Friday, June 13, 2008

An opportunity Ferndale should exploit

In 1986 I was able to quadruple my car's gas mileage. A single low-tech change and a tank of gas suddenly lasted four times longer than before. I moved from Grand Blanc to Troy and cut my daily Bingham Farms commute to 10 miles from 45.

In 1993 I was living in Pontiac and driving 26-miles to downtown Detroit. Sometimes that commute took over an hour. After moving to Ferndale in 1997 the trip was cut to 10 miles and a dependable 16 minutes.

My new office is less than two miles from my Ferndale home. In the winter my car is barely warm when I arrive at work and in the summer I sometimes ride my bike when weather permits.

I write this not to boast, but to demonstrate how great an impact where we live can have, and to introduce an newspaper article I read this morning.

In a June 13, Detroit Free Press article, Steve Duchane wrote:
Popping open the gas cap, swiping the credit card, and watching the numbers roll to previously unimaginable totals, it's hard to believe anything good could come from the gas prices we've seen lately. But in reality, our misery at the pump could be a blessing for many of Michigan's mature communities.

As driving becomes more expensive, Americans are considering not only more fuel-efficient vehicles, but also more fuel-efficient commutes. For many, that means rethinking not only where we work, but also where we live. And suddenly, first-ring suburban cities have new luster. Finally, 60 years after sprawl began driving home buyers farther and farther from population centers, Americans are turning around their SUVs in search of shorter commutes.

The sprawl reversal is already benefiting many smaller cities in Michigan.
It's a great article. It points out how your address, near where you work and play, can be an act of both environmentalism and conservation, makes financial sense, and can improve your quality of life while increasing the quantity of time you can spend with the people or activities you love.

This is an opportunity Ferndale should move swiftly to exploit. Our housing values have been hurt, our foreclosure rates are high, but we have something Clarkston, Oakland Twp., Brighton, and the Grosee Pointes don't have-- our location.

In the summer of 2007 for my mayoral campaign's website I wrote:
The degree to which Ferndale is green is a measure of how green our residents and business are. Rather than indulge symbolism I would prefer a council that promoted “green-ness” by virtue of Ferndale's unique location and proximity to major highways and everything that is metro Detroit. Simply living, working, or visiting Ferndale is an act of environmentalism because living, working, and playing in a city that's nearer than one that is not conserves energy.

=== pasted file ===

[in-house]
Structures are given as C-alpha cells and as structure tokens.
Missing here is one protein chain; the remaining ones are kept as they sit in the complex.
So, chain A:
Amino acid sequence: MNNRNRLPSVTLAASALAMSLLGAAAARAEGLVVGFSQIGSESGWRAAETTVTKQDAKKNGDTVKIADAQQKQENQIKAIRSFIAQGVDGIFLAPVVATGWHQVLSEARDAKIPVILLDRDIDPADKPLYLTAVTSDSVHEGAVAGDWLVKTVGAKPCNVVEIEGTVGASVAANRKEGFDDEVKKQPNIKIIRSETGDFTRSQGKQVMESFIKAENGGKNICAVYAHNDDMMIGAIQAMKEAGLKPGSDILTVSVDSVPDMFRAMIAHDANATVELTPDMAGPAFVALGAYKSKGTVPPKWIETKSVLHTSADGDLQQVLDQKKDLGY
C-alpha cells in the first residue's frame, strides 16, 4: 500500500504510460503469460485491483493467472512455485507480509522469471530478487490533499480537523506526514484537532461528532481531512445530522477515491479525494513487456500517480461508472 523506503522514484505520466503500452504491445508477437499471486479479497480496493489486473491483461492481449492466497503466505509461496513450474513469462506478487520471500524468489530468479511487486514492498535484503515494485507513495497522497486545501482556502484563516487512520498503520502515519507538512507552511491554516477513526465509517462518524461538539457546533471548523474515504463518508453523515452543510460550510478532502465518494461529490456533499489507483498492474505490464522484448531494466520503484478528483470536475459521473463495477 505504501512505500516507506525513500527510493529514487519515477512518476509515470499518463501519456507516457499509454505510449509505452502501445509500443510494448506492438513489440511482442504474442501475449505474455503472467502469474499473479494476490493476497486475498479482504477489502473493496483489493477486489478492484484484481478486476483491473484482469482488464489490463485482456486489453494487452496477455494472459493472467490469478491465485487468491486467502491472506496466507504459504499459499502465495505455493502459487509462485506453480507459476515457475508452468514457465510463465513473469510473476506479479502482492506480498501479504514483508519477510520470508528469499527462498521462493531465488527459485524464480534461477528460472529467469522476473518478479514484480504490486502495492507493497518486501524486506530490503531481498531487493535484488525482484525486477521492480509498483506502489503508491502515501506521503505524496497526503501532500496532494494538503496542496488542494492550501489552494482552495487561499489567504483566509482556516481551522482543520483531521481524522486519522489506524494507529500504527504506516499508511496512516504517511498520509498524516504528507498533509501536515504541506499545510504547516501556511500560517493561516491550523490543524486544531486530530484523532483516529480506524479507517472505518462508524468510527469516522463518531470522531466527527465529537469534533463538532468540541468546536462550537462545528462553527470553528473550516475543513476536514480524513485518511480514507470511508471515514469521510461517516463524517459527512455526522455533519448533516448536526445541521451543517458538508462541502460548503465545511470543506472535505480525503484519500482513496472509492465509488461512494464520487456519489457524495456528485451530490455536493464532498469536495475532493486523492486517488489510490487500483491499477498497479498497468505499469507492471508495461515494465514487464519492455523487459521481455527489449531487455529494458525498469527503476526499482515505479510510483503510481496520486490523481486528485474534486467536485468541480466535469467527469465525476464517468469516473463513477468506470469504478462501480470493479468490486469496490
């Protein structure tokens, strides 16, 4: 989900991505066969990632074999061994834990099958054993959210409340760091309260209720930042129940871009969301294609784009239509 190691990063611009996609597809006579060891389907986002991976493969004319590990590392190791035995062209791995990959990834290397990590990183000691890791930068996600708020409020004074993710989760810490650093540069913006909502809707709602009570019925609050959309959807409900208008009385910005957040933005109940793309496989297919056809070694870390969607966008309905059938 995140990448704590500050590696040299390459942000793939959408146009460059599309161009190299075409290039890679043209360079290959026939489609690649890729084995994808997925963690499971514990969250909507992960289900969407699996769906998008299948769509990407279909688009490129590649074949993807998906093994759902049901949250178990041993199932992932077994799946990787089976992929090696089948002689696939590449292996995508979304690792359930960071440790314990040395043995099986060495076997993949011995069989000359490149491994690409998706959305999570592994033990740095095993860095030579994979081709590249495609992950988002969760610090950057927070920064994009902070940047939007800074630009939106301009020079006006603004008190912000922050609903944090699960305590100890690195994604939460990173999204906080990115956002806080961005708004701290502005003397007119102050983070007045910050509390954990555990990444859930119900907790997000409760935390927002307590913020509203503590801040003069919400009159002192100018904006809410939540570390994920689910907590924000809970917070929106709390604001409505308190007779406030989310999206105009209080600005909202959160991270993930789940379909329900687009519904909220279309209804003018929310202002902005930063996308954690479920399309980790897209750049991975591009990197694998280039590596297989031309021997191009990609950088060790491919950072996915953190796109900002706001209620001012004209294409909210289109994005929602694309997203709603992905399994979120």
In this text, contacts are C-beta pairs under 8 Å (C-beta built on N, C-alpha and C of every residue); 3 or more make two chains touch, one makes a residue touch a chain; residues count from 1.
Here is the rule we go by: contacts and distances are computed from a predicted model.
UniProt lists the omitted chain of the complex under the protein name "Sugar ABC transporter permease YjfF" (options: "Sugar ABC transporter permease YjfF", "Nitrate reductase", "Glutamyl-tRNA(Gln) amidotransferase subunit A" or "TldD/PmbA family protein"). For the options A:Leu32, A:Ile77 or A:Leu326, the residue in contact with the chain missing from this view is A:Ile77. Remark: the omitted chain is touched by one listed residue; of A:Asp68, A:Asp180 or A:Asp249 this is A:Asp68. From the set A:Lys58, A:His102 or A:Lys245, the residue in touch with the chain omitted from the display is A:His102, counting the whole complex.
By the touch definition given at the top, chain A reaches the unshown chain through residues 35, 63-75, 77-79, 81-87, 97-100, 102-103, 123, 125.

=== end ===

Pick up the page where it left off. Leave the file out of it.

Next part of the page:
Ferndale citizens have decided it's better to drive fewer miles to work than more. It's better to walk to restaurants and clubs than drive. It's better to live nearer existing infrastructure than accelerate the loss of farmland, forests, fields, and other green spaces.

What Ferndale and other urban communities must do is enable more citizens and businesses to locate to our cities. This is why property taxes and broadening our tax base is important to lower the cost of owning property here. This is how public policy promotes environmentalism. It recognizes it, promotes it, and celebrates it. It doesn't serve it with symbolism...

I won't beat the symbolism point to death here. Suffice it to say that living closer to where you work and walking to your entertainment is an act of conservation. It may get less press than free parking for hybrids, but the former actual does something about the environment every day while the latter only says something about it.

Whether you goal is to save money on gas, lower America's dependence on foreign oil, influence foreign policy, or promote environmentalism and conservation, where you live can have a greater impact than how you live.

Now is a great opportunity for Ferndale, Hazel Park, Oak Park, Royal Oak, Berkley and other inner-ring cities to promote themselves. They're all at the right place at the right time.

1 comment:

  1. It's a good point.

    I recently had a debate with a colleague about whether subsidies for high-mileage cars (like hybrids) were less dumb than other gimmicky government energy programs. I said "not less dumb" if the goal is to reduce the amount of oil burned, and the example I gave was exactly what you describe: A guy who, because the subsidy makes driving less costly for him, keeps driving the 45 miles per day, whereas without the subsidy he might have changed his lifestyle, as you did.

    This is why I argue that a revenue neutral carbon tax is the one and only thing government can do to actually reduce fossil fuel use if that is the goal. Plus, it's actually more economically efficient if supply-side tax cuts are used to offset the extra revenue from the higher energy tax.